In conversation with John Alschuler
Read and watch our interview with Emeritus Chair of the New York High Line
John Alschuler is Chairman of HR&A Advisors and Emeritus Chair of the New York High Line. John served as chairman of the board of Friends of the High Line for five years and his role was crucial in transforming and advocacy organisation, Friends of the High Line, led by the two founders, Joshua David and Robert Hammond, into a conservancy that could run the park.
In the words of Robert Hammond: ‘We met with John Alschuler, and I thought, I want to hire this guy, because I found him so compelling. He had the ability to encapsulate complex arguments in simple terms’.
Following this meeting. John’s firm, HR&A Advisors, carried out the economic impact study to demonstrate that the economic and social benefits of the New York High Line would outweigh the necessary capital costs of construction. And the rest, as they say, is history…
We were lucky enough to meet John during his recent trip to the UK, and learnt a huge amount about the challenges the Friends of the High Line faced. Including everything from suing the City, to the width of snow ploughs(!) and the enormous fundraising challenges involved with a park that employs 140+ people.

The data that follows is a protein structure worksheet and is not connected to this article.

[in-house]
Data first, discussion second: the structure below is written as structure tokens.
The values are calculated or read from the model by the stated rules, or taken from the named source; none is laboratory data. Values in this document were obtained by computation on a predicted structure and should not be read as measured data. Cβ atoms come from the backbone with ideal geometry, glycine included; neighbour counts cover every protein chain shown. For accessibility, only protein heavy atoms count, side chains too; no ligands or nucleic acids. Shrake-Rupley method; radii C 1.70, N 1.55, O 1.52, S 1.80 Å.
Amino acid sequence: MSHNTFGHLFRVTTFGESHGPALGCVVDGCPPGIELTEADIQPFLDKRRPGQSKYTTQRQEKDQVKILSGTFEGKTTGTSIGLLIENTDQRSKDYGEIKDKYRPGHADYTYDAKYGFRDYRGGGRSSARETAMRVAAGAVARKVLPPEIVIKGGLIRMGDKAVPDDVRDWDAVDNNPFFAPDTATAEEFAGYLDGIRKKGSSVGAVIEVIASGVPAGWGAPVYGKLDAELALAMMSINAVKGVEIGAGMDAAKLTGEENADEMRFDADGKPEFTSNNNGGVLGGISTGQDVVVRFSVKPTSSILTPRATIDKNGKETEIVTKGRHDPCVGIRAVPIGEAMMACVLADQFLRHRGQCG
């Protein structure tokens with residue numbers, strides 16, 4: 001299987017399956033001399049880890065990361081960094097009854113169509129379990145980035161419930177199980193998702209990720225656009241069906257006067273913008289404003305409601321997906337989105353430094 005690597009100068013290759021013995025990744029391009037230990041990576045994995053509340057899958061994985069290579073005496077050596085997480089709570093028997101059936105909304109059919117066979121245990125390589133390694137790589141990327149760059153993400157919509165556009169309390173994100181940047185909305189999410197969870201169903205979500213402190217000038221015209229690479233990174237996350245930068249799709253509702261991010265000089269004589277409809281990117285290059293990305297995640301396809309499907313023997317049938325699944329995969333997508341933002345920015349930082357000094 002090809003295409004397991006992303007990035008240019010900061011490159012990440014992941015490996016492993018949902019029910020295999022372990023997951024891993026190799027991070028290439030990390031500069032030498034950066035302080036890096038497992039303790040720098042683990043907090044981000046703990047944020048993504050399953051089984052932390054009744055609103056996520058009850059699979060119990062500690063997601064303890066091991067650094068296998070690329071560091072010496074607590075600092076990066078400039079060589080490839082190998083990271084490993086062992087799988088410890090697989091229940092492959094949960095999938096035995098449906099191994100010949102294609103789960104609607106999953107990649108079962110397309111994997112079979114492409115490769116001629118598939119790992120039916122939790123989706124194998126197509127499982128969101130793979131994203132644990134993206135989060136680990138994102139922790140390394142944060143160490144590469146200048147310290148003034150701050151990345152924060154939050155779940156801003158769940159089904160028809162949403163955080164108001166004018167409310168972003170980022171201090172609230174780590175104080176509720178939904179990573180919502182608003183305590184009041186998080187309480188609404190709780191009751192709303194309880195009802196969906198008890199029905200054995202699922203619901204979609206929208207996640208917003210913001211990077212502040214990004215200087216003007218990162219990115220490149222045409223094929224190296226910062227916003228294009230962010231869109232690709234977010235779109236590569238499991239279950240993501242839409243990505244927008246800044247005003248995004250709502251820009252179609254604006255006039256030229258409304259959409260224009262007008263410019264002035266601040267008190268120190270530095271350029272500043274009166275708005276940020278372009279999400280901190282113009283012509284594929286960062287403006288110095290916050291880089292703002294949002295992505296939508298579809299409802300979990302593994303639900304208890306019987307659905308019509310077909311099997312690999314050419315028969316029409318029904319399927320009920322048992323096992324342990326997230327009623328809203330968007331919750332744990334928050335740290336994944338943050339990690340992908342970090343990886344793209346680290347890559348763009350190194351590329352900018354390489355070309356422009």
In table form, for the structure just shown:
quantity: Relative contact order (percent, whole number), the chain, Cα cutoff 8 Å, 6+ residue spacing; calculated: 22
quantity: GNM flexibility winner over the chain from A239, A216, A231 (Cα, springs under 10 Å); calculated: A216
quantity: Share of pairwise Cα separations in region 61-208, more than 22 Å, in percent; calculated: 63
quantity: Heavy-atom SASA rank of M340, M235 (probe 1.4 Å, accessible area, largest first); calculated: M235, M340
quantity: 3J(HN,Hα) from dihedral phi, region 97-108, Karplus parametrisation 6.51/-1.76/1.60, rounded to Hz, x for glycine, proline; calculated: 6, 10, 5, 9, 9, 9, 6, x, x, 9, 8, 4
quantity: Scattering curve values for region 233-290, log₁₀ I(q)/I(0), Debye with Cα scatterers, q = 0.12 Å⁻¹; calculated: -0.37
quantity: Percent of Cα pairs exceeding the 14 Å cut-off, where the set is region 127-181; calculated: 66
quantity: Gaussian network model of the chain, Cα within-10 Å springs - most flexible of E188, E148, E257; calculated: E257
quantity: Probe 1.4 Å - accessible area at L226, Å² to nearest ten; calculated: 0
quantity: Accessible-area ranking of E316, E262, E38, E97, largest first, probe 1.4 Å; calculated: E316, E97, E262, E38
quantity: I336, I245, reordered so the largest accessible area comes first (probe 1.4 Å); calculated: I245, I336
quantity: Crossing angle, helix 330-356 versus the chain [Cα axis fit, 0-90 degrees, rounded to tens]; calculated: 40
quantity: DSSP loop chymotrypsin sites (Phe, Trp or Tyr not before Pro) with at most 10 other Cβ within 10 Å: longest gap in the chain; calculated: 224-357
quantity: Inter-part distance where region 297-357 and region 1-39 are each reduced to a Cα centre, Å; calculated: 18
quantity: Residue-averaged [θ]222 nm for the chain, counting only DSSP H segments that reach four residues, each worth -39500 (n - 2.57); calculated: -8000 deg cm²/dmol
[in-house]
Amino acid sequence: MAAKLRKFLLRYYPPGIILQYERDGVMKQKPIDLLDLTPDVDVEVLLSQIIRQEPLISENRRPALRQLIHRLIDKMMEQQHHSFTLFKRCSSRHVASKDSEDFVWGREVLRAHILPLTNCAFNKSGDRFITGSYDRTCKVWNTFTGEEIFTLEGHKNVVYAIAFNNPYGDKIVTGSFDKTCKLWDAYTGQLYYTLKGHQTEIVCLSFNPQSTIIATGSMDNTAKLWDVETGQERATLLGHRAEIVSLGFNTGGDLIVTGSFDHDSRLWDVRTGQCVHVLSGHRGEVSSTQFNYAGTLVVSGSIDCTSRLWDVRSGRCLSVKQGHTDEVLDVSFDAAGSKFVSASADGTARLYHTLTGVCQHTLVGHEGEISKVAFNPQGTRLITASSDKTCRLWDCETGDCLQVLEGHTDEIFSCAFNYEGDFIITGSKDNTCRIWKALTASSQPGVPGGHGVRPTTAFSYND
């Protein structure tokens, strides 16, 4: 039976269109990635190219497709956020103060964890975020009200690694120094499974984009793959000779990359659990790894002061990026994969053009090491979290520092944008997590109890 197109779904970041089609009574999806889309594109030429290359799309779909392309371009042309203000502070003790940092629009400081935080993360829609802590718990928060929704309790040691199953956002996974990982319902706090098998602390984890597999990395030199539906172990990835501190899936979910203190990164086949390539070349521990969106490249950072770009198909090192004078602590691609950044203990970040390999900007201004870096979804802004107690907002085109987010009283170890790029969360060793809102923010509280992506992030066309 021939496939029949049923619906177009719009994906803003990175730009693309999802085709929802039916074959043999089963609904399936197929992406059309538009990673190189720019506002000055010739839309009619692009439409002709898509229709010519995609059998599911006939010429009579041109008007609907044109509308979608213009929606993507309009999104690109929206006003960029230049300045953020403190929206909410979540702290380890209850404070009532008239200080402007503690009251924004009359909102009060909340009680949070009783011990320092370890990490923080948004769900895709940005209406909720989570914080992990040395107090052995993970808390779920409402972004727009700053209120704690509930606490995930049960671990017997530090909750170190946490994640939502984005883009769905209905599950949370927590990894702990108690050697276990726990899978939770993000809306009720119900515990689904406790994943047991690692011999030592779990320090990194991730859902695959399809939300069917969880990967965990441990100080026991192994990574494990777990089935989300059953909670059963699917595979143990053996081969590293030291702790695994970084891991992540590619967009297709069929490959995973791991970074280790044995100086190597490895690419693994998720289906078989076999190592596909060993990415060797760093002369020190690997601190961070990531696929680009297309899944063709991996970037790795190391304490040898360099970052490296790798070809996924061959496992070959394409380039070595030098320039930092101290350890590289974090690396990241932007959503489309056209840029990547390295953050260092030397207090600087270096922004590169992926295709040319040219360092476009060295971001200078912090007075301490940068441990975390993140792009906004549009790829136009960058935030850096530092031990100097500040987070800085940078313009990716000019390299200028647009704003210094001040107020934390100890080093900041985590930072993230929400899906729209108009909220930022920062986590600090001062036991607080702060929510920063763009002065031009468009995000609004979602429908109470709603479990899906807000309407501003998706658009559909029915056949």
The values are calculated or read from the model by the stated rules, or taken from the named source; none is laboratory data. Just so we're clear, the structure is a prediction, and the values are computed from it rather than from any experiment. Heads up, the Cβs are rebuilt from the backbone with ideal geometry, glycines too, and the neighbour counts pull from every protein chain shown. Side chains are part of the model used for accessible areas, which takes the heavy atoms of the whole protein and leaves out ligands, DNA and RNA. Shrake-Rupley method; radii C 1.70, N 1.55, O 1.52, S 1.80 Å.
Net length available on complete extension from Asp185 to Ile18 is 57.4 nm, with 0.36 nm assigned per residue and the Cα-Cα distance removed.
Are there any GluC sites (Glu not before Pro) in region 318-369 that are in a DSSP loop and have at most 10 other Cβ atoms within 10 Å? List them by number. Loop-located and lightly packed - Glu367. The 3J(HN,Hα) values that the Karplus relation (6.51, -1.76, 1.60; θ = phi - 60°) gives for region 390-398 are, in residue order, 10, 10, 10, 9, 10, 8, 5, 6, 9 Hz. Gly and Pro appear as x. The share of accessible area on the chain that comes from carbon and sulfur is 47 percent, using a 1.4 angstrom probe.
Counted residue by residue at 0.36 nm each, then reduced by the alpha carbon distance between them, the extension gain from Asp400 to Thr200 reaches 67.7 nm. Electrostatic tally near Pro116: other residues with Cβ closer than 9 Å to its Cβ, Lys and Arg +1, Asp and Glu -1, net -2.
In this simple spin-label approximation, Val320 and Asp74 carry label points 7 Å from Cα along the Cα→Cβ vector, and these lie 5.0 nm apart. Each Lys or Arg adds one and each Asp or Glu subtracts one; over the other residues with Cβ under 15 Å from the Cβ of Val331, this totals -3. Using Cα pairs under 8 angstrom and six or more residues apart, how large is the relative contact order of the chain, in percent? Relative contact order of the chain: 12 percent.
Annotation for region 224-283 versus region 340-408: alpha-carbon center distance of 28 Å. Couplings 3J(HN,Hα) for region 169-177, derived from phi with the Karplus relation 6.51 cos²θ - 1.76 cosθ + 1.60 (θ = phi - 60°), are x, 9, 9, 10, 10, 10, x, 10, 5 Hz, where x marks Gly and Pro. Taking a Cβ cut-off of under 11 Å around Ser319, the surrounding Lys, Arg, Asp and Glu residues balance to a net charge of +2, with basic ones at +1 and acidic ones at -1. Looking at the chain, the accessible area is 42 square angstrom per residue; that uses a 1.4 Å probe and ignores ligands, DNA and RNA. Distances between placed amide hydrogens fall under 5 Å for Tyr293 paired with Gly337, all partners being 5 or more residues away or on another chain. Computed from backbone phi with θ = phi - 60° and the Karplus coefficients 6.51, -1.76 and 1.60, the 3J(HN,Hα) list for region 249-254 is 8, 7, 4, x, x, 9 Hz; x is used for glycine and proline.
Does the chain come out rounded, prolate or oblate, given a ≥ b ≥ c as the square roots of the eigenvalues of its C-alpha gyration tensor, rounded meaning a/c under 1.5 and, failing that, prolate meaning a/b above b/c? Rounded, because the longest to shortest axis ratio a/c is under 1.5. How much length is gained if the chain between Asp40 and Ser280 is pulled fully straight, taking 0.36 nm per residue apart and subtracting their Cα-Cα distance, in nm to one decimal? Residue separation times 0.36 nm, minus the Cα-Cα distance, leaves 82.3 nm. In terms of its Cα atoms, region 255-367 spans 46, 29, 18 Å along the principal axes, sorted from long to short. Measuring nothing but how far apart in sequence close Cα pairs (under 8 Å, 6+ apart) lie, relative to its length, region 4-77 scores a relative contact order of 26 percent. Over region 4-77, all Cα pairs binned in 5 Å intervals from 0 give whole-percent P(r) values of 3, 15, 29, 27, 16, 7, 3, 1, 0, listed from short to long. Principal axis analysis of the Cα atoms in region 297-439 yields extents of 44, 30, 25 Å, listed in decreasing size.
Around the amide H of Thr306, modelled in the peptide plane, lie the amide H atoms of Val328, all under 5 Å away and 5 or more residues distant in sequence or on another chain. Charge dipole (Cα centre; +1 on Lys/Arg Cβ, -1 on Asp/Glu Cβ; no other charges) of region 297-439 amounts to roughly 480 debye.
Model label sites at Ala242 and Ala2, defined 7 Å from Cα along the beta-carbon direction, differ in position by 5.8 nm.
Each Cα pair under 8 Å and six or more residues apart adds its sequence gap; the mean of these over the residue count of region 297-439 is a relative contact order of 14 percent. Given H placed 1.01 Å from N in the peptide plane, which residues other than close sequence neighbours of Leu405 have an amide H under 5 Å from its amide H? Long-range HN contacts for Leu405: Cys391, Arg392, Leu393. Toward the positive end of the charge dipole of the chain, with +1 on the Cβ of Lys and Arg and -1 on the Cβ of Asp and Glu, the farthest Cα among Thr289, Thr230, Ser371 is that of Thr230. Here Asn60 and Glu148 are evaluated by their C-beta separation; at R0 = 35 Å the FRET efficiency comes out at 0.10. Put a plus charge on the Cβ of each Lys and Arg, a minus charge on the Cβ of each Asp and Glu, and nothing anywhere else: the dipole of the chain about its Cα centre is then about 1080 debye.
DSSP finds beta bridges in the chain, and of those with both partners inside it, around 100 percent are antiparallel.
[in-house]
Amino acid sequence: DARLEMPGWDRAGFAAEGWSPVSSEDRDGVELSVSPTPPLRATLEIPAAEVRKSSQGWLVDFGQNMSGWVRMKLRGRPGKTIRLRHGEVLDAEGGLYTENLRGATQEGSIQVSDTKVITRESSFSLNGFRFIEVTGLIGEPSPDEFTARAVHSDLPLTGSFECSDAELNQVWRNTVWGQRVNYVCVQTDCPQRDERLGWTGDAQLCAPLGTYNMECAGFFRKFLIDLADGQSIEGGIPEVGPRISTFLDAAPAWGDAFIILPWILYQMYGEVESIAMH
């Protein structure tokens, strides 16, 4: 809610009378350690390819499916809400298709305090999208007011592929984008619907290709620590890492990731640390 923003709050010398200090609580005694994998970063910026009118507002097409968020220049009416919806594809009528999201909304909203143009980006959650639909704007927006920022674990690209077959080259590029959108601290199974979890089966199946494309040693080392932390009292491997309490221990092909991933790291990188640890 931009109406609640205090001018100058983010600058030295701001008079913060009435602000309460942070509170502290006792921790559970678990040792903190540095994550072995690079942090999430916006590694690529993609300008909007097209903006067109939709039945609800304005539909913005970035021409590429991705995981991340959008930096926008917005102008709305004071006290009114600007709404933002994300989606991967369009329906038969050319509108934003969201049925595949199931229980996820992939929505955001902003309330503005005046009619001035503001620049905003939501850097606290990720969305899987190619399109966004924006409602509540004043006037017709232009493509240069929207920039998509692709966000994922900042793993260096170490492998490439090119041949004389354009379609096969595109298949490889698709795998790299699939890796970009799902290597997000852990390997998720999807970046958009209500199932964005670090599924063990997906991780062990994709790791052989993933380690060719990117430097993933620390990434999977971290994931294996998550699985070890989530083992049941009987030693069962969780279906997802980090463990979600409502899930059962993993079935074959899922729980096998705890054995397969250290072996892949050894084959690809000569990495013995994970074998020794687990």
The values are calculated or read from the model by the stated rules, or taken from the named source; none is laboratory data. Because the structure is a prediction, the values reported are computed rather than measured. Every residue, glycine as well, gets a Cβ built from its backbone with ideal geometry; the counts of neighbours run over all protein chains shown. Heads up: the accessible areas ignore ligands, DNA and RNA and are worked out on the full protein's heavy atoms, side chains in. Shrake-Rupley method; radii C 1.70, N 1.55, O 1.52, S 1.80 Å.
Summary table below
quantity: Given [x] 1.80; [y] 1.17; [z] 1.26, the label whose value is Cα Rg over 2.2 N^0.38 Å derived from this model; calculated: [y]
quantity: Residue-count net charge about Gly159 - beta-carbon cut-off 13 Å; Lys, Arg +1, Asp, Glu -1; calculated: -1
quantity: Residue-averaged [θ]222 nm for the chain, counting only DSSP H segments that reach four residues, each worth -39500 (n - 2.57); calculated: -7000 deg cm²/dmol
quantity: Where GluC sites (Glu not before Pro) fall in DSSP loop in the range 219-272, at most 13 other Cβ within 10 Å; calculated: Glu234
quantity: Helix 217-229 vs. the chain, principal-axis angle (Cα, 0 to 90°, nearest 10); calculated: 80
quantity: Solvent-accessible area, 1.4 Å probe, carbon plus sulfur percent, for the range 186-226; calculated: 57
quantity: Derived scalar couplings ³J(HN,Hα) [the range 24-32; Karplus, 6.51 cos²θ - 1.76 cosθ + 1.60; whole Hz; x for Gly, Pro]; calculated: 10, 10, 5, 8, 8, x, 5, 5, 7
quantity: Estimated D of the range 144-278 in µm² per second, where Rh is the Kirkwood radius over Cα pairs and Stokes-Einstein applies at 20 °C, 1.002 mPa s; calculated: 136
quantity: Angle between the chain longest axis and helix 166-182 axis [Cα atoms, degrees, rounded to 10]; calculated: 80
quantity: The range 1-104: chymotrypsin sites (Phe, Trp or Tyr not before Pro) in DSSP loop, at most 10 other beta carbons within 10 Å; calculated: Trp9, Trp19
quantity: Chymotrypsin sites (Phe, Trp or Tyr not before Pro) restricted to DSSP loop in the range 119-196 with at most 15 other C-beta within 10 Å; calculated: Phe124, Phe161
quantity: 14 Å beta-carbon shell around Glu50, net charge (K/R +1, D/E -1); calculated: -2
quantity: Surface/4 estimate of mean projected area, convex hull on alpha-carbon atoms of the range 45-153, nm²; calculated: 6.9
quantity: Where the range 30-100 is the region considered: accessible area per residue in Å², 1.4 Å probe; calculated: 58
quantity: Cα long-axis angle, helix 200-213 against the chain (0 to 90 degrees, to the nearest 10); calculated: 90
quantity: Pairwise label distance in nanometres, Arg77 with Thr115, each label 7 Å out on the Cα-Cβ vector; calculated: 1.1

We (Simon) started by asking John about the similarities between the Camden location and New York, and the lessons we can learn. A few of which are below…
Lesson 1: The first and most important lesson of the High Line is that when citizens have a dream , whee they are willing to work hard, when they understand the quality of design, when they connect to the need of their community, the improbable can be made real - and the new parks created — because citizens will them in to existence.
Lesson 2: The park was an investment in New York’s future, not only as a civic good, it paid of as an economic investment, and returns 5/6 times more money in revenue to the City than it cost to build.
Lesson 3: The (New York High Line) is one of the most interesting and creative parks. Everything Robert Hammond and Joshua David did brought a sense of imagination for the transformation of urban life — and that excited people.
“Work hard and never give up. If you have a dream, dreams happen, but they only happen if dreamers make them happen.”
Lesson 4: Parks are a fundamental element of civic life.
“Our parks are what bring people together.”
Lesson 5: The infrastructure the Camden Highline would use can serve London in a new and different way from when it was originally built.
“Every time I walk the High Line I see New York in a new way.”
And finally, our favourite quote.